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Gayle Martin

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Luke and his sister Jenny travel back in time once again as they follow in the footsteps of the notorious James-Younger outlaw gang.

Chapter Two

A Ghost in the Cornfield

 

 This was to be their last night at Great Grandmother Katie’s house. Luke and Jenny wanted to do something special. They wanted to camp out in the barn. Their uncle Carl had told them stories about all the animals he and his sisters and baby brother had raised on their farm when they were youngsters. Back then there had been horses and ponies, dairy cows, pigs and chickens. But those days were long gone. The only animals left on the farm now were Rufus, Aunt Vickie’s sheepdog, and a few outdoor cats. The barn was now being used for storing some of the large pieces of equipment belonging to the company leasing the farm, and the only animals living in it were field mice. Their mother had made it quite clear that she thought it was much too dangerous for them to sleep out in the barn. Luke and Jenny were disappointed, but when Great Grandmother Katie suggested they could camp out on the screened-in back porch instead their mother agreed.

As she settled into her sleeping bag, Jenny reached into her backpack for her journal and began writing. Luke, as usual, was playing with his Game Boy as he settled into his sleeping bag. They could hear the grown-ups inside the house playing cards. It was a pleasant ending to a pleasant day.

“Jenny, can I ask you a question?”

“Sure, Luke, what is it?”

“How come you like to write in your journal?”

“I just like to write about stuff.” She paused for a moment. “You know, I’ve been thinking. I think I’d like to be a reporter when I grow up. I’d like to work for one of those travel magazines. Then I can travel all over the world and write about all the things I see.”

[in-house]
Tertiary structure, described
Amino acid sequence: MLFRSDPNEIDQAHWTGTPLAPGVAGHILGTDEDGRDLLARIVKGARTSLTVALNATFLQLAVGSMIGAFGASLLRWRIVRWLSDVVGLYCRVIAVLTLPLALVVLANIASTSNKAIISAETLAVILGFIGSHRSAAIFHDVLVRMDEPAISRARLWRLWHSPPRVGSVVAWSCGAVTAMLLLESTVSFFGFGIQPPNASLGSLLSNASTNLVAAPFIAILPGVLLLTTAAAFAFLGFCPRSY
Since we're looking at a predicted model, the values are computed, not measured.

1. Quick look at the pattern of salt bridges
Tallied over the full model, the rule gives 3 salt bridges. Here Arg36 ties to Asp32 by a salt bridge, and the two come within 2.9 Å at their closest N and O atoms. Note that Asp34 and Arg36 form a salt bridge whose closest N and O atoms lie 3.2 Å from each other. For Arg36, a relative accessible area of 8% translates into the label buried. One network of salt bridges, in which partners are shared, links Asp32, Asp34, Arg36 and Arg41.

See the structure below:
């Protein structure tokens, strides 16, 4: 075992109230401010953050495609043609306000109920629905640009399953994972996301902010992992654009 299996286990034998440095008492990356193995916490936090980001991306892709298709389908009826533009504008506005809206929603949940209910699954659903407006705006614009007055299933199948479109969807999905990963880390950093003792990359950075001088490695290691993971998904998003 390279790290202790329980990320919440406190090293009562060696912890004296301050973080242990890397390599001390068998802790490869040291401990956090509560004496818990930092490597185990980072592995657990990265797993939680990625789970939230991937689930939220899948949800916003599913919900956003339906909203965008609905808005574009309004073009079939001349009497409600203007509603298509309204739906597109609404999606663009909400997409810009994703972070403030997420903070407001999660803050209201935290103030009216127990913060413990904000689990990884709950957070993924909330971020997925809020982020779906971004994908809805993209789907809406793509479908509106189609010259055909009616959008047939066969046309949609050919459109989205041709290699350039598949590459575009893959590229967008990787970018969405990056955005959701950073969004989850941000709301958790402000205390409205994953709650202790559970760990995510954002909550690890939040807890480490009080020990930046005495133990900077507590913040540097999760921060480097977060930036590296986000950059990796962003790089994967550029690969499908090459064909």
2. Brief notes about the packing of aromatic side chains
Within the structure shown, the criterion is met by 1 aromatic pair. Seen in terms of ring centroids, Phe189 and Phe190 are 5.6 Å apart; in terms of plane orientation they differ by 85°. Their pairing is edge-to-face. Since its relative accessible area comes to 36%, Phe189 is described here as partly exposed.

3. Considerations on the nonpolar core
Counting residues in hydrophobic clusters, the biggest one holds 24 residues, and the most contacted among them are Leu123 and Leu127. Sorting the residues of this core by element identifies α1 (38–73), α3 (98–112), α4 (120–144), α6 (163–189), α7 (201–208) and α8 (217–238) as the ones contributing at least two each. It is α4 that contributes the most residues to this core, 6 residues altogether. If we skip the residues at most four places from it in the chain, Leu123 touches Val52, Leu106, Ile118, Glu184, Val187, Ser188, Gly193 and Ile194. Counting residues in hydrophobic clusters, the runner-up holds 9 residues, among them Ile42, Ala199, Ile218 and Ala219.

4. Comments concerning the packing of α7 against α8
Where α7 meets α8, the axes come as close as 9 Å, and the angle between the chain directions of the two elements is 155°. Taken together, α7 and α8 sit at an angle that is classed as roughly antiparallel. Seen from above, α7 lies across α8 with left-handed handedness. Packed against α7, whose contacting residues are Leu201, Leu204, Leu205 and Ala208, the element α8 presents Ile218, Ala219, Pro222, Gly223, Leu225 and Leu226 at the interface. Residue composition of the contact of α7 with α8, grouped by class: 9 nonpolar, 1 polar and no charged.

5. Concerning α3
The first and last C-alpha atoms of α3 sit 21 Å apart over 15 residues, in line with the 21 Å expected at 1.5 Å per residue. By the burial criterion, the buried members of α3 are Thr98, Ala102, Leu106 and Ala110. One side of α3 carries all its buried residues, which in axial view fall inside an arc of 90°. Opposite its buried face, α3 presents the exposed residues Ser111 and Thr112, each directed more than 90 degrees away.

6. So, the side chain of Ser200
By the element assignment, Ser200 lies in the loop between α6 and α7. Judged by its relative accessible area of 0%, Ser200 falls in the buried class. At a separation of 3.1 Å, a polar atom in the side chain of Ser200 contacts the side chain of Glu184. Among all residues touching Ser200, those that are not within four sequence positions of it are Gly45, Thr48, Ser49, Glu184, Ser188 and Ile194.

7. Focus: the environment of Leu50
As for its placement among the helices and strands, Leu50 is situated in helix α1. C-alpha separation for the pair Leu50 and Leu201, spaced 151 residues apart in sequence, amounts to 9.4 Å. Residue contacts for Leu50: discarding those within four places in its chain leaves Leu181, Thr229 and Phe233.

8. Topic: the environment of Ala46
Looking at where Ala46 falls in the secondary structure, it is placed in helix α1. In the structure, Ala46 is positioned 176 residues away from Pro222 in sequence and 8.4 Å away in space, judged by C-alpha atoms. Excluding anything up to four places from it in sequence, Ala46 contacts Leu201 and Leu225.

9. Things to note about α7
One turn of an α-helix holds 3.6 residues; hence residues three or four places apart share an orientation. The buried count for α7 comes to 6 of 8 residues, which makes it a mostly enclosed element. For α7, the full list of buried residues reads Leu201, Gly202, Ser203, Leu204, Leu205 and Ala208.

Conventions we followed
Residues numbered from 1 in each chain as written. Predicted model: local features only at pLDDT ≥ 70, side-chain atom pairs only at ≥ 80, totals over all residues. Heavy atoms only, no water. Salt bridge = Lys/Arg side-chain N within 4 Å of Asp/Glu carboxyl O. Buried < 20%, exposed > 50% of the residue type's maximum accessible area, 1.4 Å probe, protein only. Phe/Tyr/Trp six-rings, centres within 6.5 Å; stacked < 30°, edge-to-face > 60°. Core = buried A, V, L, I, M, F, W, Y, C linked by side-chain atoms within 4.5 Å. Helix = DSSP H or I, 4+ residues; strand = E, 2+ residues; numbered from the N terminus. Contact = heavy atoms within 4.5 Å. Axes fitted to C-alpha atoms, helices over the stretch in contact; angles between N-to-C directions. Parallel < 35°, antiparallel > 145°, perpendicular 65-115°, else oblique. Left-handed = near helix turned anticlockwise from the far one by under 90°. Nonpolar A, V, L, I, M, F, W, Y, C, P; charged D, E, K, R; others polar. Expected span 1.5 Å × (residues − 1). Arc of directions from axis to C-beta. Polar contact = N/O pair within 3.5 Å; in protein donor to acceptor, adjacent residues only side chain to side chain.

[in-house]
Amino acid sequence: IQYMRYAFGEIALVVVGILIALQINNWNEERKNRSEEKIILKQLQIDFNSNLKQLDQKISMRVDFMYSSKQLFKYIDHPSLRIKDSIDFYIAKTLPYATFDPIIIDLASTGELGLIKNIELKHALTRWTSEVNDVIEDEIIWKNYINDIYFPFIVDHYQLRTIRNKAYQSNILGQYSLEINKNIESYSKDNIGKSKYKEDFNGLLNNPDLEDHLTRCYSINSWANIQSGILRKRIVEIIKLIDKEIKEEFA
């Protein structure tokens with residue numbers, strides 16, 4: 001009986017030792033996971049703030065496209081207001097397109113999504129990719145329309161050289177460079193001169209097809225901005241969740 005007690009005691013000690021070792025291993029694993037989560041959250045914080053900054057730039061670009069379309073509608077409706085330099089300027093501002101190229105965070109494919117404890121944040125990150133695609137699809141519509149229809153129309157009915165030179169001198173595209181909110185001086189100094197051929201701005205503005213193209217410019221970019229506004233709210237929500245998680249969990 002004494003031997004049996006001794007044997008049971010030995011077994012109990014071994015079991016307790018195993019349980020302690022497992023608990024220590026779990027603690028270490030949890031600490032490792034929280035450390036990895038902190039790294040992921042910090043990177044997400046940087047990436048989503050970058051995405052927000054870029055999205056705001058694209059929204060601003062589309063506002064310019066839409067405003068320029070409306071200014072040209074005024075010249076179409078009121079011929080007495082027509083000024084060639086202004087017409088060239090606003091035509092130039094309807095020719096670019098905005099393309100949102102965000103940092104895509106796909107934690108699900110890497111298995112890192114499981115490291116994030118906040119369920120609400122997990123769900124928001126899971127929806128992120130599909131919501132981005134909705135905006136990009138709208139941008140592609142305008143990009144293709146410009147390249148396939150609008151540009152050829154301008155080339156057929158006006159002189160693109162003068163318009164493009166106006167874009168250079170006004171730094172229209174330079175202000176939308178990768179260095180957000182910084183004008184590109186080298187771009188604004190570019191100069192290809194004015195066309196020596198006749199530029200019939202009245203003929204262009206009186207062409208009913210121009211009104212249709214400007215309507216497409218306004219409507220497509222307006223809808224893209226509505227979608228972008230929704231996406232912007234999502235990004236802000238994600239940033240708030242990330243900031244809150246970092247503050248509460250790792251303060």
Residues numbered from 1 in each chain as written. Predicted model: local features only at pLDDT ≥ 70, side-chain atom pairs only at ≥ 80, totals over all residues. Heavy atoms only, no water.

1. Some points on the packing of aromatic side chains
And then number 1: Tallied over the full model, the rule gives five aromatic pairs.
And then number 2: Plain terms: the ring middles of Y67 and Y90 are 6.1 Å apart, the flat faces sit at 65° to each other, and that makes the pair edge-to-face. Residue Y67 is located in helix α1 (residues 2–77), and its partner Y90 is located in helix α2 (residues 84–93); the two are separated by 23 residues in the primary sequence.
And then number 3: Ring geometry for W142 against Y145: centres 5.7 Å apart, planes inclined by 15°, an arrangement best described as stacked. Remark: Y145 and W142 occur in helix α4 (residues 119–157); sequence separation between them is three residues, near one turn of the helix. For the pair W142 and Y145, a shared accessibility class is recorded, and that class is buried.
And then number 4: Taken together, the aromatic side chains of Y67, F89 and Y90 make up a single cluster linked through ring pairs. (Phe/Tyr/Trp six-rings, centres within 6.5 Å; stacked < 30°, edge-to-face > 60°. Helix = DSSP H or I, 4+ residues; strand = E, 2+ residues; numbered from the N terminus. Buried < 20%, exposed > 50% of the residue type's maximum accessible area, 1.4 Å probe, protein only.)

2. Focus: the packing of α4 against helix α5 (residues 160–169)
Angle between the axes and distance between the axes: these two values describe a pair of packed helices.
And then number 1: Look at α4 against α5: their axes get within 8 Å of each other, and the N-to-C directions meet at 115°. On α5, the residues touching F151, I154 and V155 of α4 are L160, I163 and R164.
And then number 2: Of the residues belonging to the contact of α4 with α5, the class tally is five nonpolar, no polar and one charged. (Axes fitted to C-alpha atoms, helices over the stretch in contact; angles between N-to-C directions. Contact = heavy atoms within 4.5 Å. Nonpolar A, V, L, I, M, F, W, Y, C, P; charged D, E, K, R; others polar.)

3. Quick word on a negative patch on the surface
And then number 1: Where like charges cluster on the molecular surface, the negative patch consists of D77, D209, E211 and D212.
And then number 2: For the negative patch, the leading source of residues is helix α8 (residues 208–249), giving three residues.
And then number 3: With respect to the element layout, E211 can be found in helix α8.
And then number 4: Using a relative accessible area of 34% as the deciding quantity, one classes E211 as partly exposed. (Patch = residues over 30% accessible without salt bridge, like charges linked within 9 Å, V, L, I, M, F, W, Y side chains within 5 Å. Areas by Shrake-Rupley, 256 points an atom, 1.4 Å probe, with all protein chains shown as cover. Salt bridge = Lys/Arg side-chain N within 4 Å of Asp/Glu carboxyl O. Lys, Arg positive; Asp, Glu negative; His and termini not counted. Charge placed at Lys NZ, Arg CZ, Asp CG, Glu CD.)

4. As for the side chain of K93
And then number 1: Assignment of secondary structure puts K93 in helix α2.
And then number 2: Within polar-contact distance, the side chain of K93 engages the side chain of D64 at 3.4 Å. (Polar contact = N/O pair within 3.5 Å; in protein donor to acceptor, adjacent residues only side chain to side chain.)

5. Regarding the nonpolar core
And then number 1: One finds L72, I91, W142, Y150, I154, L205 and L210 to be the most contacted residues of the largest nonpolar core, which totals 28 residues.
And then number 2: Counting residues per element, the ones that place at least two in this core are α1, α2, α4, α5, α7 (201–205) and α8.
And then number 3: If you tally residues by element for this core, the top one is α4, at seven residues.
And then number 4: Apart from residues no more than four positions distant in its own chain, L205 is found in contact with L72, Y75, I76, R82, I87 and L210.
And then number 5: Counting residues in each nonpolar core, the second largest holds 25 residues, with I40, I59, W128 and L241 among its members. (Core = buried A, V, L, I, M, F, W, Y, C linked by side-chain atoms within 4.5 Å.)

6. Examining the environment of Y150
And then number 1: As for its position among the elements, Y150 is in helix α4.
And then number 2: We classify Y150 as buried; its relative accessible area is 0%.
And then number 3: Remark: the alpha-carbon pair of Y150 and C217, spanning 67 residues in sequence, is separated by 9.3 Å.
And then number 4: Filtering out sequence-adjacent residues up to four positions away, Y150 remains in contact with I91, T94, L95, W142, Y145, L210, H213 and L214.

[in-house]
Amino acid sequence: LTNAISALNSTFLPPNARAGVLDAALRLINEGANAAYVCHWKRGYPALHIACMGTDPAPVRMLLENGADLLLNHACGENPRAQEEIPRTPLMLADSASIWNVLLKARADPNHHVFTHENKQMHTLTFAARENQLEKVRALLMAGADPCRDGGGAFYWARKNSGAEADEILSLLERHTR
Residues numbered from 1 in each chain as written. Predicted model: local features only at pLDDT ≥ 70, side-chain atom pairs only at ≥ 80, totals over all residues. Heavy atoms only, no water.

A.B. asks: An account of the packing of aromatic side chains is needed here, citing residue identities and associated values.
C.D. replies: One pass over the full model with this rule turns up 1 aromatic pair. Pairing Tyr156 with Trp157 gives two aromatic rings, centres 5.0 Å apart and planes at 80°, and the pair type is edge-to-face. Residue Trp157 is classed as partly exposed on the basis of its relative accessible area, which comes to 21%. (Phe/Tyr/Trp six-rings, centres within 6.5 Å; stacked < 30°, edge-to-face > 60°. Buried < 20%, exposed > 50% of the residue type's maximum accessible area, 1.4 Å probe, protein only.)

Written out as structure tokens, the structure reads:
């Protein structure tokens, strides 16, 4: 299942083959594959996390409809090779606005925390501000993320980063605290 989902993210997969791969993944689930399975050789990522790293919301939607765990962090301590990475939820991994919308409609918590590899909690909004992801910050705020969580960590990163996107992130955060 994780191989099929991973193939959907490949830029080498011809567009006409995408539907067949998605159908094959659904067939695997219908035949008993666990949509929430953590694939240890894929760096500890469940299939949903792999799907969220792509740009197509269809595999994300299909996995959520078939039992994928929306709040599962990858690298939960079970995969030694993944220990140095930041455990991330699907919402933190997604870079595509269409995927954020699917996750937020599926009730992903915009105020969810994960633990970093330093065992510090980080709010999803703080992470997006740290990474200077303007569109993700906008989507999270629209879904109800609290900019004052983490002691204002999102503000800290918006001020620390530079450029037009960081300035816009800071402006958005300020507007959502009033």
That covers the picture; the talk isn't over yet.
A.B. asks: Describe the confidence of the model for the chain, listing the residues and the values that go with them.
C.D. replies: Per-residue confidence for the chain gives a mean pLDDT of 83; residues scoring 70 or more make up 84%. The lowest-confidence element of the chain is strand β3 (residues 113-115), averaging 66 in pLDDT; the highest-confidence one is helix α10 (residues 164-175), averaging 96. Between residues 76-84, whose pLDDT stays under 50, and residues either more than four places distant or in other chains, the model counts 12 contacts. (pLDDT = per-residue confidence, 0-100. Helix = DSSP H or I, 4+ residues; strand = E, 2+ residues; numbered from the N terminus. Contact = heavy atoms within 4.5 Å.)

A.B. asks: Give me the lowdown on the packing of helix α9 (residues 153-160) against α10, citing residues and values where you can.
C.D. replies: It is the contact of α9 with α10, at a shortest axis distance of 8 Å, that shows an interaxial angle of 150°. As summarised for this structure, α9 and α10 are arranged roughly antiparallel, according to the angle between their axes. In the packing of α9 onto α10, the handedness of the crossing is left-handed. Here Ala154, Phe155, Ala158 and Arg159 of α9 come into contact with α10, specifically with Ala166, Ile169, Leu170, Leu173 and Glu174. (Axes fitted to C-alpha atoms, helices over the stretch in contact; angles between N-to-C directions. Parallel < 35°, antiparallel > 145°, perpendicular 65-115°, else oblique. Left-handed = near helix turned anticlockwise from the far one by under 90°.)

“Have you been writing anything in your journal about what happened to us in Tombstone and in Lincoln? When we met the Swamper and Paul and when they took us back in time?”

“No, Luke, I haven’t.”

“How come?”

Jenny thought carefully before she answered her brother’s question.

“Because we have to be careful, Luke. It’s like Paul told us. We have a gift. We can see things that most people can’t.”

She paused for a moment and looked over at her brother.

“Why all the questions?”

“Because something’s been bothering me.”

“What?”

“I feel like we’re being secretive by not telling Mom about it.”

“I know what you mean, Luke. But even if we tried to tell her about it she’d never believe us. She’d probably say we were making it all up.”

“Yeah! And then maybe she’d ground us. And I don’t think it’s right that we should get grounded when we haven’t done anything wrong.”

“I know. I’ve been thinking about that too. And if we really were doing something wrong then yes, we’d also be in the wrong for keeping it from her.”

“But if we did tell her, she might think we’re nutty, like Aunt Tina.”

Aunt Tina was their father’s younger sister. She was an astrologer and the assistant manager of a new age bookstore in Tucson. Aunt Tina had always been kind to Luke and Jenny, and they were fond of her too. But they also knew their mother didn’t approve of her. And while she knew it would be wrong to discourage her children from having a good relationship with their aunt, she had told them that she thought Aunt Tina’s beliefs were nonsense.